5 Quick, Super Effective Money Moves I’m Making With My Next Paycheck

Financial health
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When I realize it’s payday, my spirit soars.

Not only am I excited to see my inflated balance, I’m also excited for a fresh start — to finally get my assets organized.

Then, suddenly, all those goals and plans dissipate, and the immediate gratification of ordering products on Amazon Prime and Zappos takes over.

But this time I’m going to do it.

I’m going to do smart things with my money.

Let me tell you exactly what I have planned — for my own financial health, and your inspiration.

1. Open a high-yield savings account.

Right now, all of my paychecks funnel into my one and only checking account, which is very, very dangerous. (See above: Amazon and Zappos)

It also doesn’t embody the whole “make your money work for you” mantra because I’m not earning any interest — not even 0.01%.

Well, there actually are some savings accounts out there that can help you make some money on your money.

One option is the CIT Bank Premier High Yield Savings account. It offers 1.85% APY (applied percentage yield) on account balances under $250,000. The account is FDIC-insured only requires $100 to open an account. Plus, there aren’t any fees to open or maintain it.

I plan to open a high-yield savings account and set up automatic transfers for every two weeks (payday).

2. Start investing.

I’ve been meaning to invest, but sometimes I get overwhelmed.

So I just stall.

However, there are apps out there that make it super easy, like Acorns.

All I’d have to do is click download and set up automatic transfers. Each payday, a set amount would sneak away from my account and into an investment. Even only $5 would help plan for my future.

You don’t have to know anything about investing, either.

Also, if I sign up now, I can snag a $10 bonus, which will help me get started on this whole investing endeavor.

3. Maintain (and improve) my credit score by paying off my credit card.

One thing I already do but keep on my to-do checklist so I always remember?

Keep tabs on my credit score.

These days I only use my credit card to make purchases so I can earn points, which in turn pay for my flights.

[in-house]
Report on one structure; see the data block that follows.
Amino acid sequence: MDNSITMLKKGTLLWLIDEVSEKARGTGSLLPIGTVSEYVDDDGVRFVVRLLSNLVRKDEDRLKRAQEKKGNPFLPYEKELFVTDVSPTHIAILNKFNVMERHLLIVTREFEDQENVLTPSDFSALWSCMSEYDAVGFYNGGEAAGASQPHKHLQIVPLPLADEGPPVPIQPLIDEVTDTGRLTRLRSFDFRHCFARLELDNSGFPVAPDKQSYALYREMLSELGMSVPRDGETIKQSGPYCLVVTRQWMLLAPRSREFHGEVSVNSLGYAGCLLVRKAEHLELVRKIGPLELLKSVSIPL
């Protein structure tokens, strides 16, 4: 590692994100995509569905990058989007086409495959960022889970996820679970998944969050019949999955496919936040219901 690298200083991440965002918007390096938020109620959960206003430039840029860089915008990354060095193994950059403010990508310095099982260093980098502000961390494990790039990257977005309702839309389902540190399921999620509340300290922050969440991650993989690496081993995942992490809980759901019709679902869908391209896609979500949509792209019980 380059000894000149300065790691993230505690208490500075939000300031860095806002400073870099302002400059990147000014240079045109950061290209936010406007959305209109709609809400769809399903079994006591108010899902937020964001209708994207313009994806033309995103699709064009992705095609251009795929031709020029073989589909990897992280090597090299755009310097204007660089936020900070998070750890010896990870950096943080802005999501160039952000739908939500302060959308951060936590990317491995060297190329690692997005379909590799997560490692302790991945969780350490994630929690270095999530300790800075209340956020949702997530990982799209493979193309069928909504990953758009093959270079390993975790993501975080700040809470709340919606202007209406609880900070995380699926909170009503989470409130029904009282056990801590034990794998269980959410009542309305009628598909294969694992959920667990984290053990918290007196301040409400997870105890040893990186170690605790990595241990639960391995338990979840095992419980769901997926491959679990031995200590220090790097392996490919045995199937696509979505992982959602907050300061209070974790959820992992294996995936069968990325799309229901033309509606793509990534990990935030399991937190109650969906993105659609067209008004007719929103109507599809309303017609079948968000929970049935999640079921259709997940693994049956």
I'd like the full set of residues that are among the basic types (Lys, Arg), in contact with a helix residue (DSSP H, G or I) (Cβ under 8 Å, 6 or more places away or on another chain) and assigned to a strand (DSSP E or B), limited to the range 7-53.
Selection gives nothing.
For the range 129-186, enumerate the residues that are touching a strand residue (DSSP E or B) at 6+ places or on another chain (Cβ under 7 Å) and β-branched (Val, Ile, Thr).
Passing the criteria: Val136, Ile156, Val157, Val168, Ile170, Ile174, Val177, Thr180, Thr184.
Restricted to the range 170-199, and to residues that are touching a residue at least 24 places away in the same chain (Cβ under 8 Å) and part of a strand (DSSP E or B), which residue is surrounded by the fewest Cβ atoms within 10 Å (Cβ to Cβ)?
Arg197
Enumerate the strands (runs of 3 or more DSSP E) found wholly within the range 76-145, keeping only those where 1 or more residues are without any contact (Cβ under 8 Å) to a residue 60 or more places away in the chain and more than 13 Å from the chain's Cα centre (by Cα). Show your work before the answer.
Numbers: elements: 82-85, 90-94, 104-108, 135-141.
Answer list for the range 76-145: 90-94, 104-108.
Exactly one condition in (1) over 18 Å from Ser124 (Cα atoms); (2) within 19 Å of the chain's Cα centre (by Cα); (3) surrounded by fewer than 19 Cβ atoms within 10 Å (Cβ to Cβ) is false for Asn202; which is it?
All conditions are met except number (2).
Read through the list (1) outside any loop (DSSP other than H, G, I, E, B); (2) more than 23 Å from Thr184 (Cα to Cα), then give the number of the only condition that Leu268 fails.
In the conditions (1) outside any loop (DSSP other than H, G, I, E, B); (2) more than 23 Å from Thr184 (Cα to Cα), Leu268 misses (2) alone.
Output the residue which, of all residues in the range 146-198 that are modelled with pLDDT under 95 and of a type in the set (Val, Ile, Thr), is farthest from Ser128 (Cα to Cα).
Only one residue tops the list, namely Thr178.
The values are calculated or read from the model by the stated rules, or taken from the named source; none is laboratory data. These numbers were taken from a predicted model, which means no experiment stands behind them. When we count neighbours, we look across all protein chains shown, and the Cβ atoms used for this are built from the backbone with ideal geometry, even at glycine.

But lately my credit card spending has been gnarly. Still, one of the first things I do at the beginning of each month is pay that sucker off. (Probably because I’m a millennial.)

It stings to see those hard-earned dollars disappear so quickly, but the last thing I want is credit card debt — and to ruin my young credit score.

I use a free service called Credit Sesame to monitor that super important, three-digit number. The best part is I get email notifications when my score fluctuates, which holds me accountable.

It also gives me personalized recommendations on how to increase my score, so even if credit card debt isn’t your thing, it’ll point out your other weaknesses. Then hopefully you can put that paycheck to good use.

4. Keep tabs on my spending habits.

Each time I get paid, I feel a little more confident about my financial situation, so naturally I tend to splurge — even on routine trips to the grocery store.

Oh, this cheese looks nice… of course it is because it’s $9. High time to try it with all the money I just earned…

No. No. No. I don’t need $9 cheese because the cheaper stuff tastes just fine, too.

To keep tabs on my spending habits, I just downloaded Trim, a Facebook messenger bot that will help me hold myself accountable. It lets me see where my money is going (or being wasted). It also helps negotiate bills with companies like Comcast, Time Warner, Charter and other major providers. And you can easily tap to cancel recurring expenses you no longer need (like magazines, gym fees, etc.).

To see where you might be able to negotiate some utilities, sign up with Facebook, then upload a PDF of your most recent bill, and Trim’s AI-powered system gets to work. If at first it doesn’t succeed, it’ll keep negotiating until it can save you some money. (If it saves you any money, it keeps 25% of the savings tab.)

By simply analyzing and keeping tabs on my spending habits with Trim, I’m reminded of my larger financial goals.

5. Use every darn rebate app.

In order to wring the most out of every paycheck, I need to start using rebate apps, so I can actually earn some money back on those essential purchases.

Again, I’ve been meaning to do this…

Here are a few I’ve had my eye on:

  • Ebates: This platform has everything — from rebates to deals to promo codes to discounts. It’s always worth checking before venturing out (or online) for a shopping trip.
  • Ibotta: This gem helps save big on groceries. All I’d have to do is scan my receipt after shopping. (We’ve got 11 more grocery-savings ideas here.)
  • Capital One Shopping Price Protection: This tool is too easy not to use. Price Protection basically scans your emails for online-shopping receipts. If the price decreases during the return period, it could help you get reimbursed. It also checks the tracking info for your online orders. If something shows up late, Price Protection could help you get money back for what you paid for shipping — up to a full shipping refund.
  • MyPoints: Shopping through the online MyPoints portal earns you points with each purchase, which go toward gift cards.

Yes, I have big plans next payday. I always do, but I plan to execute this time around — and finally get my finances in order.

Plus, these are too easy, so why not?

Your Turn: Do you have big money goals, too? Share ’em with me to keep us accountable after next payday.

Capital One Shopping Price Protection compensates us when you sign up using the links we provide.

Carson Kohler (@CarsonKohler) is a junior writer at The Penny Hoarder.